Janowski played for the Worldchampionship in 1910. The ten games match in 1909 was not a WC match.>

<laskereshevsky: Nothing personal with nobody, but for the sake of true i must say that the point if the 1909 match was or wasnt a WC match is still in dispute,...in several books and internet chess-site its possible to see both opinions showed....

At least is a not definited matter.....>

Btw, there had already been a discussion on the Lasker page:

Quite a lot on page 25
Emanuel Lasker

and two posts on page 21
Emanuel Lasker

To quote Edward Winter:

<Dawid Markelowicz Janowsky (born 1868) was the last of the unsuccessful challengers for Lasker’s world championship title (Berlin, November-December 1910, a severe defeat). It is, or should be, well known that the two players’ ten-game match in Paris the previous year had not been for the world title, contrary to the assertions of such historical analphabets as Jonathan Speelman (The Observer of 19 April 1998). In that same article Speelman gave a position from a familiar game in the match, and wrote, ‘I had never seen it before’. The position was incorrect.> http://www.chesshistory.com/winter/...

Sep-30-07
Premium Chessgames Member
  Karpova: As if Edward Winter was reading the site:

<Lasker v Janowsky, Paris, 1909

We summarize the proof that the match in Paris between Lasker and Janowsky in autumn 1909 (won by Lasker +7 –1 =2) was not for the world championship. First, an extract from a letter that we contributed on pages 305-306 of the July 1985 BCM:

‘A check of all major chess periodicals for 1909 at the Royal Library at the Hague reveals that:

a) In many magazines the idea of the match being for the world championship is simply not mentioned (e.g. BCM pages 483 and 543).

b) Others are specific that the title was not at stake (e.g. Deutsches Wochenschach und Berliner Schachzeitung page 382, Tijdschrift van den Nederlandschen Schaakbond page 253). The match was played in Paris, so it is no surprise that French-language magazines are especially precise in refuting any world championship connection (e.g. La Stratégie pages 352 and 407, and Revue d’échecs page 214).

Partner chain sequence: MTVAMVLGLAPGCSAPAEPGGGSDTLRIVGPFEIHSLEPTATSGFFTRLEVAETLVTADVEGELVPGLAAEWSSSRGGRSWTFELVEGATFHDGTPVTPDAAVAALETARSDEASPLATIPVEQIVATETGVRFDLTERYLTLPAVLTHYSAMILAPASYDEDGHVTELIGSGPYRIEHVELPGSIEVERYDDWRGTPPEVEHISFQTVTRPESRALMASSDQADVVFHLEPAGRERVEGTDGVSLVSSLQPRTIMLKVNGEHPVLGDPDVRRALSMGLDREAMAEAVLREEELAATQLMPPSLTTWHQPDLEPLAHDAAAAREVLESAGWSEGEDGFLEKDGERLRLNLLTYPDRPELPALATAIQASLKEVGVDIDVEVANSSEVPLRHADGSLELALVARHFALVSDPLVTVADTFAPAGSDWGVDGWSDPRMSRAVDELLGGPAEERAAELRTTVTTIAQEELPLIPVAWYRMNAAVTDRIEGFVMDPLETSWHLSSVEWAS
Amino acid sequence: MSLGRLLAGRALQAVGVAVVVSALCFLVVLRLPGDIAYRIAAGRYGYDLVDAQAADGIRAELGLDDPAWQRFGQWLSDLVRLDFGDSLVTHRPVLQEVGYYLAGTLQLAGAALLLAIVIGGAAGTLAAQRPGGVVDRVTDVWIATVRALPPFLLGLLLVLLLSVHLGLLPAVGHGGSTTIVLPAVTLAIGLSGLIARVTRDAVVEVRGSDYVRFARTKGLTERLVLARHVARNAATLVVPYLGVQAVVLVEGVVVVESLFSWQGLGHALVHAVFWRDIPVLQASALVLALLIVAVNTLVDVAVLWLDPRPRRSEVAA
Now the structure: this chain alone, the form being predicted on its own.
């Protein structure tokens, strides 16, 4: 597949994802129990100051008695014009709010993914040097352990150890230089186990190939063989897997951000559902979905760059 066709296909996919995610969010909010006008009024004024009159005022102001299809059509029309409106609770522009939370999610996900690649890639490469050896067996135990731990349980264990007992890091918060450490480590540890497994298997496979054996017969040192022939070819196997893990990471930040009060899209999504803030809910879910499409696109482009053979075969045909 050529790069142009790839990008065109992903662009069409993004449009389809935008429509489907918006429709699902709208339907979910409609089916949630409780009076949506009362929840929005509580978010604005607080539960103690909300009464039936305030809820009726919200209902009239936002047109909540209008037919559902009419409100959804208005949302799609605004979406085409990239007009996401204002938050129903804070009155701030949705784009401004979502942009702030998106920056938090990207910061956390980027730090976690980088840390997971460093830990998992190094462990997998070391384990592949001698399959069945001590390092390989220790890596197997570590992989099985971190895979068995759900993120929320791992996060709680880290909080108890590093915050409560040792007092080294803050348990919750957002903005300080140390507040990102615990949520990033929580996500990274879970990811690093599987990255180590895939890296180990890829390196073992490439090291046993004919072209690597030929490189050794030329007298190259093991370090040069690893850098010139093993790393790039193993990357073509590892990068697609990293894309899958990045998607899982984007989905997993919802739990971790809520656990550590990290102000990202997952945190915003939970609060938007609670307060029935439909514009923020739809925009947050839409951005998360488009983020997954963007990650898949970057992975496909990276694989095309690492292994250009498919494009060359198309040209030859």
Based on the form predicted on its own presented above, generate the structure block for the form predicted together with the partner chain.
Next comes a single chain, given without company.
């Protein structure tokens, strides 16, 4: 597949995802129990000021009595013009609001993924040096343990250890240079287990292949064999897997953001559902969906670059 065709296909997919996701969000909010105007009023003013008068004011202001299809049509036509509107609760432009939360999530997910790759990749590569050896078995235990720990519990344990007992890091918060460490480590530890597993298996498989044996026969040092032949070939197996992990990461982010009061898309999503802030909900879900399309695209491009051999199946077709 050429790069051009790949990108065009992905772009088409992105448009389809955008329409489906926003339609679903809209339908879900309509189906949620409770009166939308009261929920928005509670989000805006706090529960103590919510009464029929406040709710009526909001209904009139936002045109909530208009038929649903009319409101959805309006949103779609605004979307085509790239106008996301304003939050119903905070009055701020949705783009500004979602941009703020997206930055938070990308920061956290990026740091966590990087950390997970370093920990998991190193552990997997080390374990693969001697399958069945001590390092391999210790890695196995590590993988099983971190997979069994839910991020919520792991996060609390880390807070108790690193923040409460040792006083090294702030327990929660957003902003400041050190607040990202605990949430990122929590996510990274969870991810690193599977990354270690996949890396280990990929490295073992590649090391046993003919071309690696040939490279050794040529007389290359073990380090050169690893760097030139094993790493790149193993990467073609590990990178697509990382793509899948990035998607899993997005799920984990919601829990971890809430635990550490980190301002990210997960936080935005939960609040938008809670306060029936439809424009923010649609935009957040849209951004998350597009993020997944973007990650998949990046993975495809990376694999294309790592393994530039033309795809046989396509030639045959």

c) Not a single contemporary magazine has been found that suggests the match was for the world crown.’

Further details were given in C.N. 2471 (see page 174 of A Chess Omnibus), as reproduced below.

On 15 September 1909 Lasker and Schlechter issued a joint announcement (from Berlin and Vienna) of their intention to play a world championship match during the coming winter. The text was published in the Wiener Schachzeitung, September 1909 (page 315) and the Deutsche Schachblätter, 3 October 1909 (page 85). Not surprisingly, therefore, contemporary magazines did not suggest that the ten-game Lasker-Janowsky encounter played from 19 October to 9 November 1909 was for the world title, and some (especially the French ones) specifically stipulated that it was not. Page 214 of the 1909 Revue d’échecs said that it was merely ‘un second duel courtois’. Page 352 of the October 1909 La Stratégie observed that because of the Lasker-Schlechter agreement Janowsky would have to wait for a title match until afterwards. In its November 1909 issue (page 407) La Stratégie reported that Janowsky was not discouraged by his heavy loss to Lasker in Paris and added: ‘we understand that fresh discussions are already under way between the same players for another, more important, match, one which will count for the world championship, subject, naturally, to the Champion’s victory in his forthcoming match against Schlechter.’

On pages 60-61 of the February 1910 La Stratégie [reproduced below] it was reiterated that Lasker and Janowsky had not played for the title in Paris, and the magazine published the full text of an agreement signed by the two masters in the French capital on 12 November 1909. This was for a match that would begin in October or November 1910, and clause 15 stated: ‘The match shall be for the championship of the world. If Dr E. Lasker loses his title in his forthcoming match with Schlechter, the entire present arrangement shall, naturally, be void.’

Lasker survived against Schlechter, and in Berlin on 8 November 1910 there duly began the one and only world championship match between Lasker and Janowsky.> http://www.chesshistory.com/winter/... (there's also a picture from a book in french)

Feb-29-08  Knight13: This is a bloody disaster for Janowski. Heel teleurstellen!
May-06-08
Premium Chessgames Member
  Karpova: Edward Winter on the myth that the Lasker-Janowski training match in 1909 was a Worldchampionship match (which it wasn't, the 1919 match is Janowski's only WC match):